Masked Repetition Priming in Treatment of Anomia: A Phase 2 Study Purpose Previous research has demonstrated that exposure to masked primes may improve naming accuracy for individuals with anomia. This study investigates the effect of repeated exposures to masked identity primes paired with pictures over multiple trials, sessions, and days on the ability of people with anomia to name those pictures. ... Supplement Article
Supplement Article  |   November 01, 2015
Masked Repetition Priming in Treatment of Anomia: A Phase 2 Study
 
Author Affiliations & Notes
  • JoAnn P. Silkes
    University of Washington, Seattle
  • Disclosure: The author has declared that no competing interests existed at the time of publication.
    Disclosure: The author has declared that no competing interests existed at the time of publication. ×
  • Correspondence to JoAnn P. Silkes: jsilkes@uw.edu
  • Editor: Anastasia Raymer
    Editor: Anastasia Raymer×
  • Associate Editor: Heather Wright
    Associate Editor: Heather Wright×
Article Information
Cultural & Linguistic Diversity / Normal Language Processing / Language Disorders / Aphasia / Supplement: Select Papers From the 44th Clinical Aphasiology Conference
Supplement Article   |   November 01, 2015
Masked Repetition Priming in Treatment of Anomia: A Phase 2 Study
American Journal of Speech-Language Pathology, November 2015, Vol. 24, S895-S912. doi:10.1044/2015_AJSLP-14-0138
History: Received September 12, 2014 , Revised February 10, 2015 , Accepted May 11, 2015
 
American Journal of Speech-Language Pathology, November 2015, Vol. 24, S895-S912. doi:10.1044/2015_AJSLP-14-0138
History: Received September 12, 2014; Revised February 10, 2015; Accepted May 11, 2015

Purpose Previous research has demonstrated that exposure to masked primes may improve naming accuracy for individuals with anomia. This study investigates the effect of repeated exposures to masked identity primes paired with pictures over multiple trials, sessions, and days on the ability of people with anomia to name those pictures.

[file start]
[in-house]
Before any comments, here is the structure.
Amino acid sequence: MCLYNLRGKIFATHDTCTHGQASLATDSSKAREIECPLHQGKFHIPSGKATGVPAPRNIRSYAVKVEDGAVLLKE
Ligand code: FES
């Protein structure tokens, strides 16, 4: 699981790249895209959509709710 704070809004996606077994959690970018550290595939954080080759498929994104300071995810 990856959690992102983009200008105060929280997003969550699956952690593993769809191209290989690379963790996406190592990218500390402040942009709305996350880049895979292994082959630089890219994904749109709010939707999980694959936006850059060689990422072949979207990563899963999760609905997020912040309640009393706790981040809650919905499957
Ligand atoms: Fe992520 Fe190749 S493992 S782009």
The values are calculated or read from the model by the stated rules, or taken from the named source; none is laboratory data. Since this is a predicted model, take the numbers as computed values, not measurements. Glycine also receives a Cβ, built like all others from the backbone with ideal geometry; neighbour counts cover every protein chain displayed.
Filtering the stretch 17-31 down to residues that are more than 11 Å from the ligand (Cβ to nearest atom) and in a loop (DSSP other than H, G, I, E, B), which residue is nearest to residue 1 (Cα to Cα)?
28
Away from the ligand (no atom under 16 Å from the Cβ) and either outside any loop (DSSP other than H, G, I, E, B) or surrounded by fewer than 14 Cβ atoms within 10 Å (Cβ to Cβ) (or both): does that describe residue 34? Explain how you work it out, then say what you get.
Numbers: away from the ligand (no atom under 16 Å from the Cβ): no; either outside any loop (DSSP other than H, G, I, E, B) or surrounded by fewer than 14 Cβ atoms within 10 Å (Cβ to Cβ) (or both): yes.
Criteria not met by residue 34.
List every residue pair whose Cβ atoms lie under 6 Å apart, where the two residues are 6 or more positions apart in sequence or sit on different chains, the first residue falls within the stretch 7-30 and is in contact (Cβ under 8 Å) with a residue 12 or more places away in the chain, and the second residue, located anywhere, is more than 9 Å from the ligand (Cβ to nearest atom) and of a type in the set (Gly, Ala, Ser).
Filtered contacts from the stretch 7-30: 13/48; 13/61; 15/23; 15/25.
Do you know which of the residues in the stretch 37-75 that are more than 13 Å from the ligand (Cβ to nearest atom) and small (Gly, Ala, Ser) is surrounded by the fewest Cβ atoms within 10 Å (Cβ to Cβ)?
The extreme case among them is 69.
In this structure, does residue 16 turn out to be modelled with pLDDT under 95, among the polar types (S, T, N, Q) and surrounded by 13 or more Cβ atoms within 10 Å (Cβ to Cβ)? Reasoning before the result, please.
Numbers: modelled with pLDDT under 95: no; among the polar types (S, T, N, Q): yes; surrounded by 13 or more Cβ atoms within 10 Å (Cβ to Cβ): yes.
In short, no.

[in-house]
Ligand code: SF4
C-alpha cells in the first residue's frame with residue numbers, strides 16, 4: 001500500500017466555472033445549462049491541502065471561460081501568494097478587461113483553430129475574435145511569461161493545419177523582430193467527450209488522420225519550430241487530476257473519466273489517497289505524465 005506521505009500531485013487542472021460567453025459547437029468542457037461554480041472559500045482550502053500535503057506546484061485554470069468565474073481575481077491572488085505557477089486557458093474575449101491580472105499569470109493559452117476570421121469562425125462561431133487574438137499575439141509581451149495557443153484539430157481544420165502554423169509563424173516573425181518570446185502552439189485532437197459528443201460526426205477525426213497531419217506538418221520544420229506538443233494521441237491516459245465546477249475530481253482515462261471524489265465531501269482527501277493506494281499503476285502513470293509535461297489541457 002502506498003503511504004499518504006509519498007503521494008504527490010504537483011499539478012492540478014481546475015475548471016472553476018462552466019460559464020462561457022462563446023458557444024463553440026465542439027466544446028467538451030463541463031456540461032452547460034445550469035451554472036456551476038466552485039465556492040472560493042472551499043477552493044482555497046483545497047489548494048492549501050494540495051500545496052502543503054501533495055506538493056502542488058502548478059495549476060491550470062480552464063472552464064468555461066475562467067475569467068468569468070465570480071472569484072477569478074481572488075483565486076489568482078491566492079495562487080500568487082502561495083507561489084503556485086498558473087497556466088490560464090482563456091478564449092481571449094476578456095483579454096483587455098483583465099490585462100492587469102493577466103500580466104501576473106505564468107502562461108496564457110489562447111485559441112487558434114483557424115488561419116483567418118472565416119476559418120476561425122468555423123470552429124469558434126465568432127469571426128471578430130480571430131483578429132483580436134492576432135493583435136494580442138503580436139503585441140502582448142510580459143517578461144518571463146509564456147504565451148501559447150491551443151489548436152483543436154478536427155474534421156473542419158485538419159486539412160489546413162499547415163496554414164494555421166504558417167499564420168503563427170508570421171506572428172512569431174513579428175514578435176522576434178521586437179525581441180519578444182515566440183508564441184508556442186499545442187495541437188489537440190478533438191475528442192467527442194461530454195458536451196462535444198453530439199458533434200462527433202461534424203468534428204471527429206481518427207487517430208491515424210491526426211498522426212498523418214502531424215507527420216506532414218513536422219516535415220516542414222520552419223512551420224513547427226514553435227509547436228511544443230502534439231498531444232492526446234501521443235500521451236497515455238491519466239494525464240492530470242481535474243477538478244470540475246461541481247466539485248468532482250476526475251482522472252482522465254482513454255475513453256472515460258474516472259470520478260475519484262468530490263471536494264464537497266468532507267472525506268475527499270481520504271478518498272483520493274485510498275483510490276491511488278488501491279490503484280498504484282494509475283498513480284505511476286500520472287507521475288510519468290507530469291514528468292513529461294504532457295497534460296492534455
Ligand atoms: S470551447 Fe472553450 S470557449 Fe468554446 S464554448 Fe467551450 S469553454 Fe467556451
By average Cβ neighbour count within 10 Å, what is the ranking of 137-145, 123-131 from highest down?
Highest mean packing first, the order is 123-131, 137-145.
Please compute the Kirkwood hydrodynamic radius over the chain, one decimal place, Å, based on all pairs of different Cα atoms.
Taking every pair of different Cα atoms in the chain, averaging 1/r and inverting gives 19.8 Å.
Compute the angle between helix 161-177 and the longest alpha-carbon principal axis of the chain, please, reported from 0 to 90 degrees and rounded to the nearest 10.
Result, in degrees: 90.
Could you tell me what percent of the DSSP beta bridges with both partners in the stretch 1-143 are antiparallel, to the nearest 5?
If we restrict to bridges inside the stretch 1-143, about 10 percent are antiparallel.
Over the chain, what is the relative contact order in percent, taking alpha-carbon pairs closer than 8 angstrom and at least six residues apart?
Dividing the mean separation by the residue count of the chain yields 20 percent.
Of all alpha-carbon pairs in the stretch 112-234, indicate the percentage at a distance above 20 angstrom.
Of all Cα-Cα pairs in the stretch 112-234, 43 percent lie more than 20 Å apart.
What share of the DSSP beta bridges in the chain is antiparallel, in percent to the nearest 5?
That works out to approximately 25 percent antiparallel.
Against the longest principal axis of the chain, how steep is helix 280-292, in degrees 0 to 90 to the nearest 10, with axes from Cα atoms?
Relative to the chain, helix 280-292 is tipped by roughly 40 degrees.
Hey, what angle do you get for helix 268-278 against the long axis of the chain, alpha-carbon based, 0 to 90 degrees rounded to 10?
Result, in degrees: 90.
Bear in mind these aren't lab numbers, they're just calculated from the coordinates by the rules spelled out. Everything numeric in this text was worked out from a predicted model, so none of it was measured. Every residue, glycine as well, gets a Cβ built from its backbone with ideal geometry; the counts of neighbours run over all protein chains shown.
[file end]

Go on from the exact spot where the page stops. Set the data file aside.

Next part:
Method Four participants with anomia completed this single-subject, multiple-baseline design study. Twelve treatment sessions were conducted for each of 2 semantic categories. Comparisons of performance on naming probes were made between items that were primed, unprimed but seen the same number of times, and unprimed and seen only during naming probes.

Results All participants showed some gains in naming trained items although to varying degrees, and trained (primed) items generally showed greater improvement than untrained items seen the same number of times. Cross-category generalization was observed for some participants, but little to no within-category generalization occurred. Minimal changes occurred on measures of general language ability.

Conclusions These data provide continued evidence that masked repetition priming can have a positive effect on naming for people with anomia. Factors that may influence participant response and additional questions that must be settled for this line of research to continue are discussed.

Acknowledgments
This work was supported by National Institute on Deafness and Other Communication Disorders Grant 5 R03 DC012643-02 (awarded to JoAnn P. Silkes). Thanks to Sara Pack, Amanda Hendricks, and Julie Cooke for assistance with stimulus development and data processing and the University of Washington Aphasia Research Lab for ongoing support.
Order a Subscription
Pay Per View
Entire American Journal of Speech-Language Pathology content & archive
24-hour access
This Article
24-hour access